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I'm in the middle of designing a setup flow and have decided to go for an accordion paradigm (due to the large amount of steps, using tabs would result in tab overflow in mobile devices). Upon entering the setup flow, the user is presented with the the first step open.

However, I'm not sure how to present users with the action of saving or discarding the changes they've made.

  • One of the options is to re-use the 'edit' button that opens an accordion, and morph it into a save button.

  • The other alternative is a bit more straightforward and simply placing a save and cancel button inside the expanded item.

Are there any ad/disadvantages of going for any of the alternatives? Is there any other way to do this?

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  • Why not have Save occur when the user opens up a new accordion section? – Fractional Jun 23 '14 at 12:22
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For me, your interaction is too heavy for a mobile: a lot of steps and actions. And Saving action shifts the responsibility from System to User. This makes interaction more complex, exhaustive, and fallible.

My suggestions are:

  • Use auto-save for saving the data. This is the way modern apps behave.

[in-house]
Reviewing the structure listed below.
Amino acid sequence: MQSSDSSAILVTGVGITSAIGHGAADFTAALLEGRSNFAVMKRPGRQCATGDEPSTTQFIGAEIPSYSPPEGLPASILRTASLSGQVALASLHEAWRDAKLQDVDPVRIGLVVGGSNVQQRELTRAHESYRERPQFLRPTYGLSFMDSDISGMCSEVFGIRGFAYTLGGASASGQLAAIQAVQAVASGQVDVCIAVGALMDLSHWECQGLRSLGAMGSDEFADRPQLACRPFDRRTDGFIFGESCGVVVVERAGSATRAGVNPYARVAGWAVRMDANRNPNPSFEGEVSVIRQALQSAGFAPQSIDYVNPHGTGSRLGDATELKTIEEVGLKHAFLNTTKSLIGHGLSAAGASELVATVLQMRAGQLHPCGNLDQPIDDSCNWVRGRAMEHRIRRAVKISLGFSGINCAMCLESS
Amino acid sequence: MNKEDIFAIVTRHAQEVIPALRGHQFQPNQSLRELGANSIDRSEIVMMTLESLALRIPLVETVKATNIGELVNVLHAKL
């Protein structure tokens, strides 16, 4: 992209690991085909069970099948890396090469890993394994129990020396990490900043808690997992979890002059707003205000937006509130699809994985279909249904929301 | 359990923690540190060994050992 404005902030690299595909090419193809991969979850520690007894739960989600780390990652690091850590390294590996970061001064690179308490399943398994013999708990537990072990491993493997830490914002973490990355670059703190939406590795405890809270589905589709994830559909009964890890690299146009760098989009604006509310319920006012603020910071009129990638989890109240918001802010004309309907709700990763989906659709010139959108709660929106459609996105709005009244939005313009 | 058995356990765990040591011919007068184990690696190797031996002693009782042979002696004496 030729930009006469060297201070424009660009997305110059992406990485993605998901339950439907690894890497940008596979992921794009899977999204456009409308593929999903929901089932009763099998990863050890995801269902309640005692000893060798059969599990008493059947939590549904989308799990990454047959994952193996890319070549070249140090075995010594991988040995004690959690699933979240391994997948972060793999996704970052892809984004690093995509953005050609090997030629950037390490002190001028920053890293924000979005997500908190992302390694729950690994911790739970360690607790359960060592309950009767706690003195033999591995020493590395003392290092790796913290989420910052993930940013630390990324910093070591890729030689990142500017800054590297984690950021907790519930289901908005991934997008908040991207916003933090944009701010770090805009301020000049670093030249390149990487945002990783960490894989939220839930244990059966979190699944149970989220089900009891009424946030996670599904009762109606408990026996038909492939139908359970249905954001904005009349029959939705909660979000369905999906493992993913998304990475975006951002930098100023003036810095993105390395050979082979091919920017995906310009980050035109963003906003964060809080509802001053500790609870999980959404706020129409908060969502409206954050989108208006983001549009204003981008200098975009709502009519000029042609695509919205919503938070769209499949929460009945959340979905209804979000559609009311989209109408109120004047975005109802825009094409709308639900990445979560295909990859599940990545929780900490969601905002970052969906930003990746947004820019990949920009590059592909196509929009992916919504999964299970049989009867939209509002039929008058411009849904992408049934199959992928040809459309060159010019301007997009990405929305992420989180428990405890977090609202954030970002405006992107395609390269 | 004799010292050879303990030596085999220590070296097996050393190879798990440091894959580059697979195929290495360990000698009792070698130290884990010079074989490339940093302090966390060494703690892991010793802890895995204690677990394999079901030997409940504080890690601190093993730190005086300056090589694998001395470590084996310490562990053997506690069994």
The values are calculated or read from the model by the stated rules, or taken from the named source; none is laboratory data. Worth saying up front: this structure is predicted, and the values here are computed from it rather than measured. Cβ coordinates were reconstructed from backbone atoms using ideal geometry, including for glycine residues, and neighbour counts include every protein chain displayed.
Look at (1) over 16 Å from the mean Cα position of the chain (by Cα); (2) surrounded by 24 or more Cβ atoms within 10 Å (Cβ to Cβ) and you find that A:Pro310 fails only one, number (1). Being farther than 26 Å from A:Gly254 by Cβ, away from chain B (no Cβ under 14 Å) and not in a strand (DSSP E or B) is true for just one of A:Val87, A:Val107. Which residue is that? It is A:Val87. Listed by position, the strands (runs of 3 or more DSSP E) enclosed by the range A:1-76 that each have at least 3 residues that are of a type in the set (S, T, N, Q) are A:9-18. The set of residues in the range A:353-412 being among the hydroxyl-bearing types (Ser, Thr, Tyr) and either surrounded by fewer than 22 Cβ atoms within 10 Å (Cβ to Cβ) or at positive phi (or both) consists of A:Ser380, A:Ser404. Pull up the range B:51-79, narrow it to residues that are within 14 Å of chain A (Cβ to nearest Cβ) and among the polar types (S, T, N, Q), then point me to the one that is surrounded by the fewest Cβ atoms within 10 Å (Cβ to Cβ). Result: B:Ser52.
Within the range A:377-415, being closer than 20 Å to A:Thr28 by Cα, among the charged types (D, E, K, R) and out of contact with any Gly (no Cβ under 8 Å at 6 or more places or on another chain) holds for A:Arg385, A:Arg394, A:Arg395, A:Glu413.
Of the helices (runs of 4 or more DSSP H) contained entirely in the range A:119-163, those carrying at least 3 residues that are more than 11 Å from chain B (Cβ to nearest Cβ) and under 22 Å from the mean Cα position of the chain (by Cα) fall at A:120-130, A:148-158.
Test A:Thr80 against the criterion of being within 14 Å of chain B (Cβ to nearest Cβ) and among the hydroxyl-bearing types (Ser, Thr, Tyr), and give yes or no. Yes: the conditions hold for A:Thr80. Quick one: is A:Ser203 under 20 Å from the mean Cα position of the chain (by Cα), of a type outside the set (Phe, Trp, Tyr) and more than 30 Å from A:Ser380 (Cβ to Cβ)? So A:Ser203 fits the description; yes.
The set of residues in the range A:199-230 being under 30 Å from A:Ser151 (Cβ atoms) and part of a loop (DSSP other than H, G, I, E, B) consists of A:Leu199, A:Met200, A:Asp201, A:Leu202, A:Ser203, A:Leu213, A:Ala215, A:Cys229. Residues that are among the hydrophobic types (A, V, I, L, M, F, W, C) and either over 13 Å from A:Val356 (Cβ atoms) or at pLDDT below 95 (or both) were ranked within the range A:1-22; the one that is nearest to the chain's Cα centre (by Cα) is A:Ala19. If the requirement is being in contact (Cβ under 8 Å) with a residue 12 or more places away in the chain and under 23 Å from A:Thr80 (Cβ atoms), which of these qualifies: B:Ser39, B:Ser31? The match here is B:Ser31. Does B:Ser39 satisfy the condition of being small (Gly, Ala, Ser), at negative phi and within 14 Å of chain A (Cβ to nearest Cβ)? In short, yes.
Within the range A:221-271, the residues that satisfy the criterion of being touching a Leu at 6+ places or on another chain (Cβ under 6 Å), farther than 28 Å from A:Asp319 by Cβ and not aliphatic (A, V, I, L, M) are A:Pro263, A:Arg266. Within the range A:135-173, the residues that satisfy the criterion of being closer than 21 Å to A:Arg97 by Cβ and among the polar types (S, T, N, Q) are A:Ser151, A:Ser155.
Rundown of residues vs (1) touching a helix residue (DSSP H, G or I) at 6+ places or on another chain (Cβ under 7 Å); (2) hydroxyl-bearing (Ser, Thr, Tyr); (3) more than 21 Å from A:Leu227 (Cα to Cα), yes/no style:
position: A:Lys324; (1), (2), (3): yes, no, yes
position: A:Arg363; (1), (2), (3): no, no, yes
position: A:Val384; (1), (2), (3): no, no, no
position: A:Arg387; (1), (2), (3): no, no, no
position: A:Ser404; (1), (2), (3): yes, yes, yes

• Display the changed accordion items to improve navigation, as Accordion pattern provides random access to the items and user could lost himself and interaction will be broken.
  • Use Discard changes feature rather than Save if you really need returning to old values.
  • Try to place labels to the left to reduce vertical size.
  • Don't use Edit button as content of the accordion item is hidden, so user have no idea if he should edit it. Instead he opens it and then takes decision.

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UPDATE
I treat Save and Discard as dichotomy, so having Discard and auto-save allows you to minimize users' actions in the interaction; I've pictured what I meant:

enter image description here

  • Hi and thanks for your reply. 1. I would like to use auto-save, but that is not something our database can handle in an elegant way at the moment (and going that way is not within the scope for this project) 2. Good point, might be useful to show where the user has started entering data. 3. Not sure what you mean with discard changes feature. I'm thinking of having both 'save' and 'discard'. 4. I've considered labels on left but I'm afraid I've got less horizontal than vertical space to work with. 5. Good point, thanks! – Mumas Jun 23 '14 at 11:20
  • @Mumas please watch Update on 3rd point. – Alexey Kolchenko Jun 23 '14 at 12:46
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if you want to let user focus on one button, i think there is a way to do it. like below, when you click edit, the button will turn to "cancel". If you don't want to save your input, you can click cancel. but if you want to save it, the save button is right below the content(click it ,the item will draw back and open next), you won't miss it if you finish entering info. in the two situations, you only have to focus on one button.